Education case studies: Educational attainment and curriculum

April 29, 2024

  • Establishing forums: Rutland County Council found a significant proportion of pupils in its area were Service children. Engagement across the council, partner agencies, Rutland Health Watch, local military unit welfare teams, and Service charities, identified concerns that some Service children were underachieving in education, some rates of SEND were higher than the national average, and there was a confused picture of available support. The council co-ordinated a meeting of concerned parties to discuss ways to improve, leading to the creation of a Forces Family Forum. This meets five times per year with attendees from these organisations to provide updates on concerns, as well as guest speakers who provide targeted information and new support connections.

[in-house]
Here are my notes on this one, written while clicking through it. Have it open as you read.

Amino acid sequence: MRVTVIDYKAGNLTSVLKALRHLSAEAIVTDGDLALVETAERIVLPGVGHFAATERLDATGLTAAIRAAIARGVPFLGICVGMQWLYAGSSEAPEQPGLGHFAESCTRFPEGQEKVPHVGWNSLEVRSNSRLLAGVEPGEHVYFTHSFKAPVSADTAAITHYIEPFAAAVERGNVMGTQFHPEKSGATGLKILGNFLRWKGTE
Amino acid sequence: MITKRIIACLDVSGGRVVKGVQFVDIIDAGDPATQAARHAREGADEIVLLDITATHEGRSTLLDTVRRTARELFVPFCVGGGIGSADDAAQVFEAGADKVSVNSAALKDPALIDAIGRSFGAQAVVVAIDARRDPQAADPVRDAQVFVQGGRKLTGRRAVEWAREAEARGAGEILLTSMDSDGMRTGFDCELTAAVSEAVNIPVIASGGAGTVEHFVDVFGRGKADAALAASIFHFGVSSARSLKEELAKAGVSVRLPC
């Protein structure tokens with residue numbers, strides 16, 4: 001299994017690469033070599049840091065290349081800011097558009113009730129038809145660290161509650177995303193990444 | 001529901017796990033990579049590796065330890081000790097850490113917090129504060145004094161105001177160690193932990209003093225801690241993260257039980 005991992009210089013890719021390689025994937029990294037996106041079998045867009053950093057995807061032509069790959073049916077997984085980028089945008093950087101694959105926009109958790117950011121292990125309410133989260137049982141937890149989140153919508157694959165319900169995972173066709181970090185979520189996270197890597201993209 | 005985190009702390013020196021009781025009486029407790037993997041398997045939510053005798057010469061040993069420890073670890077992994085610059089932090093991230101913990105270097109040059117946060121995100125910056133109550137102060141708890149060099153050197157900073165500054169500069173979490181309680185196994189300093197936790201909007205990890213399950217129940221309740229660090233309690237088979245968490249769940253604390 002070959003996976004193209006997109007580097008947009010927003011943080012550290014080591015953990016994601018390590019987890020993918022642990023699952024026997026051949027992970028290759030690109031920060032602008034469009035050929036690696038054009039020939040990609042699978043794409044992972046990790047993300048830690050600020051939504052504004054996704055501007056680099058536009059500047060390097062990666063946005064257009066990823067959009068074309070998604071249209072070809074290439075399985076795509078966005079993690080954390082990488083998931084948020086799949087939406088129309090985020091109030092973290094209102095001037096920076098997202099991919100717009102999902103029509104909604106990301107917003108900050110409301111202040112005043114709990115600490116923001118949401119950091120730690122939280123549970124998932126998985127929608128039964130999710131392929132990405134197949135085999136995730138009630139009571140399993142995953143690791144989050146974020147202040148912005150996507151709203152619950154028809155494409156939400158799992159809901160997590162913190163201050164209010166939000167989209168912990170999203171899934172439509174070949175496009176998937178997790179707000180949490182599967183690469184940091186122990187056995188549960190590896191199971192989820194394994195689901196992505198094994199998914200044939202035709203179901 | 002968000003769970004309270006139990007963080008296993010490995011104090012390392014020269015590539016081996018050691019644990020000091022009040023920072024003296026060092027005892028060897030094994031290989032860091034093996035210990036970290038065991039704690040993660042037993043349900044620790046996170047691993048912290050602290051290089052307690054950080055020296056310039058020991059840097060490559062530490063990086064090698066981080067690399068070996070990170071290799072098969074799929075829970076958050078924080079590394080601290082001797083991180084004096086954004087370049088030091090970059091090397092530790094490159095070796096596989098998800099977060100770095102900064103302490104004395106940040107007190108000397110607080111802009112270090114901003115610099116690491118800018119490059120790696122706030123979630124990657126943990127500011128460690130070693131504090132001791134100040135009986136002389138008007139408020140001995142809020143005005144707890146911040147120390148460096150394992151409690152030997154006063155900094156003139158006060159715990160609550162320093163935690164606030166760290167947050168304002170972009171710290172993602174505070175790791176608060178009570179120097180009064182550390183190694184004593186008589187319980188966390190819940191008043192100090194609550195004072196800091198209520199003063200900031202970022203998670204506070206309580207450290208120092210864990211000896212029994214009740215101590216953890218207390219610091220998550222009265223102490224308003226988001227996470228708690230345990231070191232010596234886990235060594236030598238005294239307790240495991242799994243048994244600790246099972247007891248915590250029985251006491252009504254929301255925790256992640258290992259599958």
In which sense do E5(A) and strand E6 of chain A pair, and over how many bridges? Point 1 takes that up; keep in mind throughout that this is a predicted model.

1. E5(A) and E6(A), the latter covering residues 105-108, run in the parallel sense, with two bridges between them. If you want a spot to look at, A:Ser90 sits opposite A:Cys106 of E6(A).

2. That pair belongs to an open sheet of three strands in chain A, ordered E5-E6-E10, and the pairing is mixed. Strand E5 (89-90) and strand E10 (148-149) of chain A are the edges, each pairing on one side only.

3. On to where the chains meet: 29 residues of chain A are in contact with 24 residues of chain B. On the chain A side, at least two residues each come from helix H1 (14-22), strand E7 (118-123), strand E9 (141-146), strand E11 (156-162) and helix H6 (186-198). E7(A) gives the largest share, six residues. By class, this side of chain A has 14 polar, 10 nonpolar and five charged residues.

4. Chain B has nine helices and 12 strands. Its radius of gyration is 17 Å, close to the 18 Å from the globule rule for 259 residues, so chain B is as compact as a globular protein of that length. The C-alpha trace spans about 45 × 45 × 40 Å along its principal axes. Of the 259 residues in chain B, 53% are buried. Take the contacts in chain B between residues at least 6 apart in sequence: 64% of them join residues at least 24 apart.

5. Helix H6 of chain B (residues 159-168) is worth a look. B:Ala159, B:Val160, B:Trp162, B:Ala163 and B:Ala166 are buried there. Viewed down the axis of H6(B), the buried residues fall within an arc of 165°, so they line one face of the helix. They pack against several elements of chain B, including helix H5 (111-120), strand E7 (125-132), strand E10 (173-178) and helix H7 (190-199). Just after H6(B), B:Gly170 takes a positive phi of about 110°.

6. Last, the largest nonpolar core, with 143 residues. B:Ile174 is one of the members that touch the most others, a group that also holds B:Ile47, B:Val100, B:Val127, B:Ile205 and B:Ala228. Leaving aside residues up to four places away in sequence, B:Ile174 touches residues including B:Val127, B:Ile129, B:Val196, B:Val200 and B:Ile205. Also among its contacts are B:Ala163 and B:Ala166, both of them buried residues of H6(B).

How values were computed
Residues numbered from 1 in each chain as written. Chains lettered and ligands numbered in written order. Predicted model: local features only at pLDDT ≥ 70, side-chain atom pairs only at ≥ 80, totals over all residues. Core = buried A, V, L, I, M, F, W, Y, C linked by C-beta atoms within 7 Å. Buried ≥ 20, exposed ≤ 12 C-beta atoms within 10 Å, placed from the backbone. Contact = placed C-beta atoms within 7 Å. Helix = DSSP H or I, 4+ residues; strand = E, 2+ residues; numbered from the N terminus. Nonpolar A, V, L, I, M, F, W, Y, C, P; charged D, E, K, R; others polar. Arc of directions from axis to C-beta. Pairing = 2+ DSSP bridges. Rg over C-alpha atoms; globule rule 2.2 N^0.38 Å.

• English as an Additional Language: A school in South Cerney identified that while Service pupils were achieving normal Spelling, Punctuation and Grammar scores, the group lacked depth in English vocabulary. A large proportion of the Service children were from Nepal, and although they were fluent in English, they lacked technical and colloquial expertise in the language. The school met with the parents via the military base’s Welfare Officer, to discuss the issue of English as an Additional Language (EAL). Many parents had not identified their child as having an EAL requirement, believing their child had an effective command of the language – myths were dispelled, and parents were reassured that EAL children would be supported more, not that less would be expected of them. The school agreed to focus on vocabulary with EAL pupils to ensure they could achieve their full potential.
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